After more then twenty-five years, the highly successful North American Free Trade Agreement (NAFTA) will enter into retirement on July 1st, 2020, as it is replaced and superseded by the new regional trade agreement between Canada, Mexico, and the United States.
The NAFTA has been an important source of stability and opportunity for businesses throughout North America, establishing a system of rights, obligations and rules that have liberalized cross-border trade and investment in a predictable manner, reflecting the negotiated outcomes of its members. Although the NAFTA has not been without its challenges, including the adverse effects of supply chain consolidations as an integrated North American market emerged, it has generally enhanced the competitiveness and profitability of the stakeholders that have leveraged its benefits. It remains one of the earliest and most successful examples of a modern regional trade agreement.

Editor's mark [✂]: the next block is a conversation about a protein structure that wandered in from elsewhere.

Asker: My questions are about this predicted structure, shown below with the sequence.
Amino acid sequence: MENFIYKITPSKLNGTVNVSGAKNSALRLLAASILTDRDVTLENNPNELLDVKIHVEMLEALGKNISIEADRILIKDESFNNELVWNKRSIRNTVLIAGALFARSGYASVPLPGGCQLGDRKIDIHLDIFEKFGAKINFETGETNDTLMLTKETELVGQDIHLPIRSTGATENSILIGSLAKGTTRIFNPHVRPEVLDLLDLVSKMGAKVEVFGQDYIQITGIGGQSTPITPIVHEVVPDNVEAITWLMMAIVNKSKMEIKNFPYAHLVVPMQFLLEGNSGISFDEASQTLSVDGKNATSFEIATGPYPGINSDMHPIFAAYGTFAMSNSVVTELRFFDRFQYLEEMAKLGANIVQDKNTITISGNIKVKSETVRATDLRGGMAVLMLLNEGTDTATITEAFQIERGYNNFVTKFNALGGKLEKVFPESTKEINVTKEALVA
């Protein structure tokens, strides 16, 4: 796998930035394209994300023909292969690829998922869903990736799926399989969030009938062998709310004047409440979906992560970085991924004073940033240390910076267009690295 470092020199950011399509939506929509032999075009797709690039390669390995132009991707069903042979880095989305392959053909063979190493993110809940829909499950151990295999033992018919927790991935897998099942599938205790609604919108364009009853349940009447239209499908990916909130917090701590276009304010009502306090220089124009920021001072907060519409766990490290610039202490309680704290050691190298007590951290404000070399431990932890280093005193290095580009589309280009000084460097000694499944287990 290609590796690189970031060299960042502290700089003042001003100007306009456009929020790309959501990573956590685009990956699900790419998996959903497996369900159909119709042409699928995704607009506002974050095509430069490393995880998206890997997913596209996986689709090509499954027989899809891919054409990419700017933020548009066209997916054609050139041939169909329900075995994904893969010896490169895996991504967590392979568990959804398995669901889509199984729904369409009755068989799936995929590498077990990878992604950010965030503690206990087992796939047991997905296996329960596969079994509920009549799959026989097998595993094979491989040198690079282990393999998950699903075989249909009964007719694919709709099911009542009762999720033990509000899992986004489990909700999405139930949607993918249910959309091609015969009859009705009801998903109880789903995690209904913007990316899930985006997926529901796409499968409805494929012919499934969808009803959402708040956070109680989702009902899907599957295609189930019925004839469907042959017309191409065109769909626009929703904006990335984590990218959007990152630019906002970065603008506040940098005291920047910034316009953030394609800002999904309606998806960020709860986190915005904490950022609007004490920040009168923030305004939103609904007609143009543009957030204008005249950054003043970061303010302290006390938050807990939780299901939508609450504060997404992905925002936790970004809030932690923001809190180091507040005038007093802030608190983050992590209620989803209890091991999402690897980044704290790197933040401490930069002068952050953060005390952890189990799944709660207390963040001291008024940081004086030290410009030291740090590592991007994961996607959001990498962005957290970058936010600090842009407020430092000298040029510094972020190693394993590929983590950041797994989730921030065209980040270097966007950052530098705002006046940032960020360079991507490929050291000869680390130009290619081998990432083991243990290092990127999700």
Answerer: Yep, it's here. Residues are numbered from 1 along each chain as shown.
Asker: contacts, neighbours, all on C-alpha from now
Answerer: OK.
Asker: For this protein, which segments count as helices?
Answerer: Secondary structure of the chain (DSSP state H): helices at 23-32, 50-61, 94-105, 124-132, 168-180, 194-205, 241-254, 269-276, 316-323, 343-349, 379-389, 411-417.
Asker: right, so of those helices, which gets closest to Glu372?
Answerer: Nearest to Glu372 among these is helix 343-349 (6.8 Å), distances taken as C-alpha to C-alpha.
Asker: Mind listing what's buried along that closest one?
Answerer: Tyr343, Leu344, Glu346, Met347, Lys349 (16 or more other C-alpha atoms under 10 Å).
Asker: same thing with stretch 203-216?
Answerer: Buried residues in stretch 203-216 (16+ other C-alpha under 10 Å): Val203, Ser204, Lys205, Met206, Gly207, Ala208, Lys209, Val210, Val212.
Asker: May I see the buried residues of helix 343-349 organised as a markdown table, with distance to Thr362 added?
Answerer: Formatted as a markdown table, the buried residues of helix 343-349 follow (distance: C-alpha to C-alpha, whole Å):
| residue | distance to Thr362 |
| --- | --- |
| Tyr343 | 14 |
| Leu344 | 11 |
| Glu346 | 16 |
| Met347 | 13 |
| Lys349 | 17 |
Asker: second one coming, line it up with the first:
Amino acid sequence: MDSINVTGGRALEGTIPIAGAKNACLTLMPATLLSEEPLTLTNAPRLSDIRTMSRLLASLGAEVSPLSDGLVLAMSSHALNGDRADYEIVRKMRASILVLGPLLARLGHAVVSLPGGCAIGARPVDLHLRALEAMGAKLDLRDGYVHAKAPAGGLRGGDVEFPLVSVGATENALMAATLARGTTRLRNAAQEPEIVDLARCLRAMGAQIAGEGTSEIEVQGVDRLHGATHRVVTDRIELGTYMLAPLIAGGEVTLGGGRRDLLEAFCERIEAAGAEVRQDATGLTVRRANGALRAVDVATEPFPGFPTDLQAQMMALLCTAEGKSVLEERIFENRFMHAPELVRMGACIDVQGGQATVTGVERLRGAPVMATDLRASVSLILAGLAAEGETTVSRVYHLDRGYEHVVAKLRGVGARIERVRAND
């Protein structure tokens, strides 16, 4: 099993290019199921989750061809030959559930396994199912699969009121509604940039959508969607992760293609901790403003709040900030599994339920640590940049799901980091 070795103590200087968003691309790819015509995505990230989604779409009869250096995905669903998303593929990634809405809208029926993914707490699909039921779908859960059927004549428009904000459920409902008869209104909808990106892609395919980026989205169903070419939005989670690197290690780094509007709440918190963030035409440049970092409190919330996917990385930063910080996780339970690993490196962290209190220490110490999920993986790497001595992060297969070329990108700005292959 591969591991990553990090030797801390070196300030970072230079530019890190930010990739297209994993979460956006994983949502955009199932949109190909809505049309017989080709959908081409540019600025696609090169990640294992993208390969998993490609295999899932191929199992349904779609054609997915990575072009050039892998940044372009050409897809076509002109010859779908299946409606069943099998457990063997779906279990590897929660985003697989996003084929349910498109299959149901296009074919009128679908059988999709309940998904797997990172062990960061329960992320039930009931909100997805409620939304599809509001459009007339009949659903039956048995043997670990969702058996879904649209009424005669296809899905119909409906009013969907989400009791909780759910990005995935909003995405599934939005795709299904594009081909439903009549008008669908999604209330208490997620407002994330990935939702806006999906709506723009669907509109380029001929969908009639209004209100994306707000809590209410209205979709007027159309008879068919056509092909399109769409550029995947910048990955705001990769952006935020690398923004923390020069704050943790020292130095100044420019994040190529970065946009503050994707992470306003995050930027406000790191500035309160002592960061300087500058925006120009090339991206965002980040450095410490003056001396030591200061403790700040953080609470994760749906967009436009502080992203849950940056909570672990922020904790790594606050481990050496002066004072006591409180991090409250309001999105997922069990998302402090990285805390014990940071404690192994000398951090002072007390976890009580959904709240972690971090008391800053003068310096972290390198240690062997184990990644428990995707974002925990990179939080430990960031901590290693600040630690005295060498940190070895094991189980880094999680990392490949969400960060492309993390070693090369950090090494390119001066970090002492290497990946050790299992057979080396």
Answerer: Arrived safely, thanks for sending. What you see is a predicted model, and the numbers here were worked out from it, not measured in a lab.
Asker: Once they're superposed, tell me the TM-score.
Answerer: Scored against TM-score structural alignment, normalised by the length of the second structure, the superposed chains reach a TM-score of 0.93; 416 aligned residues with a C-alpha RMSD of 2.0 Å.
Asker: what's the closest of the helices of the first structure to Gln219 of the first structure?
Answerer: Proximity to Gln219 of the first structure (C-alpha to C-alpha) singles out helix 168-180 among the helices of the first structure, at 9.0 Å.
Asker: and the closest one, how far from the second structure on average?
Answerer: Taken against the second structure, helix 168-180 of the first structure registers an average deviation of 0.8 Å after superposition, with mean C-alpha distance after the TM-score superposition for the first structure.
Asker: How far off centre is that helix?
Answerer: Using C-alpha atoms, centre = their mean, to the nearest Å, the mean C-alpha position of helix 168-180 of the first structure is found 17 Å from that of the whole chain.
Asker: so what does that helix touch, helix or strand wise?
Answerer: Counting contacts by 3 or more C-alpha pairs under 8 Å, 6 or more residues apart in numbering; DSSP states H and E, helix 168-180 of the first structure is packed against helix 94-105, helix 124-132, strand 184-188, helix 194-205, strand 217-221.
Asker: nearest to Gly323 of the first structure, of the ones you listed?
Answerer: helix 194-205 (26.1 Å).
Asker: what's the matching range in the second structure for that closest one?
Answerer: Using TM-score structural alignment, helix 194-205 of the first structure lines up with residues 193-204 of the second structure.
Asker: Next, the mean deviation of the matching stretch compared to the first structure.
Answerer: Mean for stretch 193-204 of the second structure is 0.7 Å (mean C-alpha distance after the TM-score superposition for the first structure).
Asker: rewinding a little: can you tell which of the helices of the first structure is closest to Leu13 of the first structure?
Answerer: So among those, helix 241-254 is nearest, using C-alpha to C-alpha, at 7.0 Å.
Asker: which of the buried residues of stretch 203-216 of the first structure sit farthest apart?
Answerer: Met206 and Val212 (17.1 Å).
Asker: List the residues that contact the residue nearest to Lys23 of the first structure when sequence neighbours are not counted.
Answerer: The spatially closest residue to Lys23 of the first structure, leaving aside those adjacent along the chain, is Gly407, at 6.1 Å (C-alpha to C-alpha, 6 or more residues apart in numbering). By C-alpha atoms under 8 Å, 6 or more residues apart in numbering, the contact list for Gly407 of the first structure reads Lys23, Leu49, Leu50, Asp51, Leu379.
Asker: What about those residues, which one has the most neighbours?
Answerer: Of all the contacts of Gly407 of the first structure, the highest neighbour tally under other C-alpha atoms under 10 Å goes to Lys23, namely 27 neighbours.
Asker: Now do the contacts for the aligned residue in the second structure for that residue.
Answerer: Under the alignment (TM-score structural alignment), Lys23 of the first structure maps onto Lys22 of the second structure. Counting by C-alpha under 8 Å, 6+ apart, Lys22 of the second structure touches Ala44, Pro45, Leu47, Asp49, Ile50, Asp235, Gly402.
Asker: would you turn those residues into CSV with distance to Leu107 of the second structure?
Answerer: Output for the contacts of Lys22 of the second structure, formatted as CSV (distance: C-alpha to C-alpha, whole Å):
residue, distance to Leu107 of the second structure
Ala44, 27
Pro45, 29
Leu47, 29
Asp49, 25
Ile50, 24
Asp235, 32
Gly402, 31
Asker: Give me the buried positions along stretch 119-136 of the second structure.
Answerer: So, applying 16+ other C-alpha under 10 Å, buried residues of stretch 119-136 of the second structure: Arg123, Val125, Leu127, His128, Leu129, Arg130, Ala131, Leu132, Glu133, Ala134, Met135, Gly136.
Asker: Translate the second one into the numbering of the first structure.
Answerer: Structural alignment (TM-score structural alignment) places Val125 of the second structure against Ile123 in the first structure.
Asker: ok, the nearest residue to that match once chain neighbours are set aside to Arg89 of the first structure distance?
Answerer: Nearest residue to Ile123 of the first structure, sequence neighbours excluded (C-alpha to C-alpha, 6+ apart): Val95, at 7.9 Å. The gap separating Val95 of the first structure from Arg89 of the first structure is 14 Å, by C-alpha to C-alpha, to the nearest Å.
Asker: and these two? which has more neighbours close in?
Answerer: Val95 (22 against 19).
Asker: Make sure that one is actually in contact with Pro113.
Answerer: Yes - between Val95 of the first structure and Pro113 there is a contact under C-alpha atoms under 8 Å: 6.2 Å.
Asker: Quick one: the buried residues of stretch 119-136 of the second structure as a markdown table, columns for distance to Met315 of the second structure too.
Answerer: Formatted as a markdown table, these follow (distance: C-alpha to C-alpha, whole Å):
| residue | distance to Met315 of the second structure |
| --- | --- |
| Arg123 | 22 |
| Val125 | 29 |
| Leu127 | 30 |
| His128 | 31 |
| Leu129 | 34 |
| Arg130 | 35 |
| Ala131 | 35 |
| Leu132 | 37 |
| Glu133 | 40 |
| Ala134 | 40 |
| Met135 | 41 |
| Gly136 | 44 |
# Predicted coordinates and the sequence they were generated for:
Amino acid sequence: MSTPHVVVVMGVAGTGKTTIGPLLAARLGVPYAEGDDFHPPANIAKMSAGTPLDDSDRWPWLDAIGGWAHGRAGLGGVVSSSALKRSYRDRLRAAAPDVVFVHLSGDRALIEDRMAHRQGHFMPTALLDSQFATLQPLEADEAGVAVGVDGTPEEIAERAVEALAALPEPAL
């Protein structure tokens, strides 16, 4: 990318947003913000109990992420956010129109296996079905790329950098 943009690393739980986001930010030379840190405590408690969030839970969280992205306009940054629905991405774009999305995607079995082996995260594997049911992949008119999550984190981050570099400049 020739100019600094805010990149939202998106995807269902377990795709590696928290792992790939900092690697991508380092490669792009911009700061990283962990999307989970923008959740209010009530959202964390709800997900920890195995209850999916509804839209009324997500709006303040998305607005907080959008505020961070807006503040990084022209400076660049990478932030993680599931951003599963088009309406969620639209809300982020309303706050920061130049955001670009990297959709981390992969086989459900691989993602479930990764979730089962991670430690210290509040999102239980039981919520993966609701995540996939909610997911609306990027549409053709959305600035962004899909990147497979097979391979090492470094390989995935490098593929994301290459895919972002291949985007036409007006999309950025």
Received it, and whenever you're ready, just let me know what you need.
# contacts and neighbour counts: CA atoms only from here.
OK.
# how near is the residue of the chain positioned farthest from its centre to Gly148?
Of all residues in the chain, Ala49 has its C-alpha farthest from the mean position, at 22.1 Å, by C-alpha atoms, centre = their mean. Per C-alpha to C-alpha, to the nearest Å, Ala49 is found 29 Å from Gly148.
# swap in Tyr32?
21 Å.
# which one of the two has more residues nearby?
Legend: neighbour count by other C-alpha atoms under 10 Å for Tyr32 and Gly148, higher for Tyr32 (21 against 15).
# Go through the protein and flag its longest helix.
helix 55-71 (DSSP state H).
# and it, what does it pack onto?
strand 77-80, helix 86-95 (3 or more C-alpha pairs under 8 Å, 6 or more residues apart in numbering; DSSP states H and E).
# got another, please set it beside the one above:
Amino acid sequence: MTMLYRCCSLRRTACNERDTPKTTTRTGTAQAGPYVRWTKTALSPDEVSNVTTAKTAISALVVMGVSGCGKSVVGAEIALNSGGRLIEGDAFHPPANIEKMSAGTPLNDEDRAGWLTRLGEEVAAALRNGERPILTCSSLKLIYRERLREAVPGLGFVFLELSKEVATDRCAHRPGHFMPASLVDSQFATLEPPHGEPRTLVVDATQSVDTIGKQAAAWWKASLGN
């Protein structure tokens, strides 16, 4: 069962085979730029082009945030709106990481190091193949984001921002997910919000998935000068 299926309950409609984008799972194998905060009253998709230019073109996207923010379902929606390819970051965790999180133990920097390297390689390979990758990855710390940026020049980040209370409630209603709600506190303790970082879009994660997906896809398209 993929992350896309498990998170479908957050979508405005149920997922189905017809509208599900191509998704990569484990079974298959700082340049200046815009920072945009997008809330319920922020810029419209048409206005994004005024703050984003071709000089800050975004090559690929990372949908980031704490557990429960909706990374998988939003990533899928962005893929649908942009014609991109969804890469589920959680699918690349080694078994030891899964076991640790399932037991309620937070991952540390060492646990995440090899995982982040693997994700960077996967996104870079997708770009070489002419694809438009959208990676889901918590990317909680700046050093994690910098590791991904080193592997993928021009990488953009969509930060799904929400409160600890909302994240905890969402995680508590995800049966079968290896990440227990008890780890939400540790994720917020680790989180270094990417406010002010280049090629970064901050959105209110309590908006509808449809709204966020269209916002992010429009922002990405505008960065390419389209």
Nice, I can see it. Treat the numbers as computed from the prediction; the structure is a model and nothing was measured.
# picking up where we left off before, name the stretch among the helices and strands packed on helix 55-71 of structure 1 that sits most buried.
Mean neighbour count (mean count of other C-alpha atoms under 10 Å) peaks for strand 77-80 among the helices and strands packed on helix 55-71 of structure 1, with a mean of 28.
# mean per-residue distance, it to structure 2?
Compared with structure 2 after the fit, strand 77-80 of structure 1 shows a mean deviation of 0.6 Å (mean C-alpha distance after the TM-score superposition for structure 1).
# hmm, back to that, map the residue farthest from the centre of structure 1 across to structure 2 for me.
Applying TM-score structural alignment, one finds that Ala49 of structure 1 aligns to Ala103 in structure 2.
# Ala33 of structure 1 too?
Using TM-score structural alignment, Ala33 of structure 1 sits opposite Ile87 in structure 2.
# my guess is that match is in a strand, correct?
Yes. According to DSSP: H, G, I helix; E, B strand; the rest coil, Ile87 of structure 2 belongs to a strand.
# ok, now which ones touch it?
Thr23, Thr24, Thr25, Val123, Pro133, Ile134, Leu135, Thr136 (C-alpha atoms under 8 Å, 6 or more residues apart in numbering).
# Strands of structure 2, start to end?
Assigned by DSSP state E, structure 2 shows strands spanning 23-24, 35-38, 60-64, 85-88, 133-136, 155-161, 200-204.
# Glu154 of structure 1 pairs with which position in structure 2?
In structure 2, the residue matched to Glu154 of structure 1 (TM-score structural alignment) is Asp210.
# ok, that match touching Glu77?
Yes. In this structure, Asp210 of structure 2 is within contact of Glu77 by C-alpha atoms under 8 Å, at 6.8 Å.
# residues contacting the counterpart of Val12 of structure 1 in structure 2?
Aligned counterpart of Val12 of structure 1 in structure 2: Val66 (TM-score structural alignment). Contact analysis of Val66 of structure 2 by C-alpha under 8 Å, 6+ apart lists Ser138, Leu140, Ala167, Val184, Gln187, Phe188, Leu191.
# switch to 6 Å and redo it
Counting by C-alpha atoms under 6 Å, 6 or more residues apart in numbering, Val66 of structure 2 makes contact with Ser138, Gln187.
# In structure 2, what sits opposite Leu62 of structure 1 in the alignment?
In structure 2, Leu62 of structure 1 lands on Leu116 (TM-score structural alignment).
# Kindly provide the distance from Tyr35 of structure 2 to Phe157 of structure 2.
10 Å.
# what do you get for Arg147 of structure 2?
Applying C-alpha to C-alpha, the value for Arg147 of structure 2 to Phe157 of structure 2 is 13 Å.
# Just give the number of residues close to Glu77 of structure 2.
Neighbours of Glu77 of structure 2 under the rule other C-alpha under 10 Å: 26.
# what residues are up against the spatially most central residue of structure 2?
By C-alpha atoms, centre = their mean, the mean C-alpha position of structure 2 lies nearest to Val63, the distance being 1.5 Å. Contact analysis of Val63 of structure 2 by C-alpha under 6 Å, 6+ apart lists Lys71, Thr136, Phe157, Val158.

This is by no means the end of an era. The NAFTA has established the very foundation of the new agreement, which is variously referred to as the “USMCA” in the United States, the “CUSMA” in Canada, and the “T-MEC” in Mexico.
That said, there are many new provisions and changes that will enter into force with the new agreement, and some of these differences — as well as how they will interact with one another — will not become fully apparent to stakeholders until they are encountered in practice. For all market participants, there are bound to be some interesting times ahead.
Tereposky & DeRose regularly provides advice on the interpretation, application, and implementation of international trade agreements. Should you have any questions regarding the CUSMA/USMCA/T-MEC or any other trade matter, we are at your disposal.